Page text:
have forged a relationship with local paramedics and have increased the amount of care

they can provide as a result.


ROMA has identified more than a dozen ways to improve access to health services by

capitalizing on the considerable skills and expertise of healthcare professionals in new

ways.


ROMA has presented 8 themes and 22 recommendations to the province. The themes

are as follows:


• Ensure that rural municipalities have a seat at their Ontario Health Teams’ table

• Fix Primary Care

• Reconfigure the Deployment of Health Human Resources

• Shift Demand from Emergency Departments to More Appropriate Forms of Care

• Complete the Full Range of Community Care

• Implement Inter-professional Team Approaches

• Support Community-Focused Innovation in Rural Ontario, and

• Preserve Public Health Emergency Response and Prevention Programs.


I was pleased to hear about the advocacy being done by our ROMA reps at the board

level on this issue.


Housing was also on the agenda given the importance. According to Mayor Lowry’s

update good quality, reasonably priced rental accommodation has long been in short

supply in rural communities and remains so today. Economies of scale are harder to

achieve for multi-unit projects and it is difficult to encourage developers to consider

projects in Rural Ontario. Gaps in the spectrum of housing options mean that rural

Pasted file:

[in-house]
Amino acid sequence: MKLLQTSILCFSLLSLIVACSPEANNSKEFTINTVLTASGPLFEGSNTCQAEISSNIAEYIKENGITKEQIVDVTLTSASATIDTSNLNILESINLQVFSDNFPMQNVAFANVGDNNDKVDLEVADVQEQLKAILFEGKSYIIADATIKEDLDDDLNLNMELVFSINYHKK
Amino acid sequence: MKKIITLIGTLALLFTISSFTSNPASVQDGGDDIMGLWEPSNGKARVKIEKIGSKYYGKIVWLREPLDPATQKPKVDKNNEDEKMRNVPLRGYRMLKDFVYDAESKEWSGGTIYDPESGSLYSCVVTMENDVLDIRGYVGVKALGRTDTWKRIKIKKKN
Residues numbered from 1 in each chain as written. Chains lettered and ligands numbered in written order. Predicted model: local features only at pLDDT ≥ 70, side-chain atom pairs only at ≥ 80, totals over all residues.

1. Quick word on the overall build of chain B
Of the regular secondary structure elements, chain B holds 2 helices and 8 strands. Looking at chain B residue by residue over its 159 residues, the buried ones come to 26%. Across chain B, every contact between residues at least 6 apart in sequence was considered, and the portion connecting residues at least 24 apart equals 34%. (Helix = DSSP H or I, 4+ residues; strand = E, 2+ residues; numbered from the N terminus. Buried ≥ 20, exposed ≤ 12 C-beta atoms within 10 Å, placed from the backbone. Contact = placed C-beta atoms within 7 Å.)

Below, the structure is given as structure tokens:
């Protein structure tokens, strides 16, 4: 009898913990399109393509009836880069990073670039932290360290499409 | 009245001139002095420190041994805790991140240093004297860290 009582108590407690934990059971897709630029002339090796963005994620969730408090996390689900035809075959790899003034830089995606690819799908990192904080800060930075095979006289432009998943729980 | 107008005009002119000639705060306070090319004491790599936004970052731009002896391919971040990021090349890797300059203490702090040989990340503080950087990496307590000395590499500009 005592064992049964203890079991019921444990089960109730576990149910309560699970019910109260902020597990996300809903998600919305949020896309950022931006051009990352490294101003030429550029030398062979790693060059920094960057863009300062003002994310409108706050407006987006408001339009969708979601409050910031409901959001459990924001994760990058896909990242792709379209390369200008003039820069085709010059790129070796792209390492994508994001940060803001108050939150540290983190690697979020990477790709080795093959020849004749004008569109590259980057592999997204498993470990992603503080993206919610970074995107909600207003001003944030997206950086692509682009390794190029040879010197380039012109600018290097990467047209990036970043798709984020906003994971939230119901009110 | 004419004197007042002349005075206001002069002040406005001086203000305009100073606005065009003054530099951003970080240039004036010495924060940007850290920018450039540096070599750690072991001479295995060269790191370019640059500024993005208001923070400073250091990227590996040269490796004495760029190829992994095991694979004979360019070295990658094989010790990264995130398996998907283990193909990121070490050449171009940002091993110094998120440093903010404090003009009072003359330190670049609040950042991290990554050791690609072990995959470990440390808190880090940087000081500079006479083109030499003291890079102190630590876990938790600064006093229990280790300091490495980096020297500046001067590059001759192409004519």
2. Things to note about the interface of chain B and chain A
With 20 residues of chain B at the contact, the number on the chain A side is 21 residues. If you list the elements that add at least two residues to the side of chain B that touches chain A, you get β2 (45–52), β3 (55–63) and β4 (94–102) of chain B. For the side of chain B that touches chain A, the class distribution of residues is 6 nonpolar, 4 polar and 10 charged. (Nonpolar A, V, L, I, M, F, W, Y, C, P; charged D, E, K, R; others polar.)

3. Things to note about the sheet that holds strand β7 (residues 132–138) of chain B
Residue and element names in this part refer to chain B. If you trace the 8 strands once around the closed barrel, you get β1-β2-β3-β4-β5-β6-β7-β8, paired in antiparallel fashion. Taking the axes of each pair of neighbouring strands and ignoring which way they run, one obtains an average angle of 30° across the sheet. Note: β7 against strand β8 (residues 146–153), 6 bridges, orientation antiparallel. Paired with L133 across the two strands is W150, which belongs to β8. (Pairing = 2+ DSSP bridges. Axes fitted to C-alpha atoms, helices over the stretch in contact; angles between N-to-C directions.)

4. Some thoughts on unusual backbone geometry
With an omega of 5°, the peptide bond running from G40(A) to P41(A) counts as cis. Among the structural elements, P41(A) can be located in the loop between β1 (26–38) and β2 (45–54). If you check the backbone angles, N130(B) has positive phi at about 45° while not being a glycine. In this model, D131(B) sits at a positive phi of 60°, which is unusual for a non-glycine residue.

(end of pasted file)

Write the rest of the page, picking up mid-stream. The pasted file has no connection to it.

residents who might otherwise free up existing housing stock by downsizing or moving

from owner-occupied to rental homes can’t afford to do so or may not be able to find a

new place to live nearby. This is particularly the case with many seniors, who find that

they must continue to live in a home that is much too large for their needs.


The younger generations are also finding it difficult to afford homes in the rural

communities in which they grew up and have to leave. Personally, I know many people

who have had to leave Ward 5 to find a place to live that is even remotely affordable.


It was mentioned that the current legislative, regulatory, and policy regime for housing in

Ontario contains many barriers that hamstring efforts by municipal governments and

others in Rural Ontario to implement well-designed solutions.


We briefly explored the ROMA housing report’s highlights. Over a five-month period,

ROMA’s Attainable Housing Task Force identified the issues and solutions that will

enable municipalities in Rural Ontario to respond effectively to the dramatic shifts in

provincial, regional, and local housing markets. Some of the key concerns were learned

from more than 255 responses by rural municipalities to a survey ROMA distributed in

March 2022. ROMA recognizes that action on the proposed solutions will not, by itself,

solve the housing challenges in Rural Ontario; other stakeholders – beyond

municipalities – must be engaged. But this report is a good start.


The report highlights are as follows:


• Amending provincial legislation and/or regulations to bring clarity to planning

processes for provincial and municipal governments, as well as housing project

proponents and citizens.

• Delegating authority and flexibility for municipal governments to encourage,

review and approve housing solutions that “fit” their communities while remaining

consistent with good planning principles and key planning documents (such as

their Official Plans).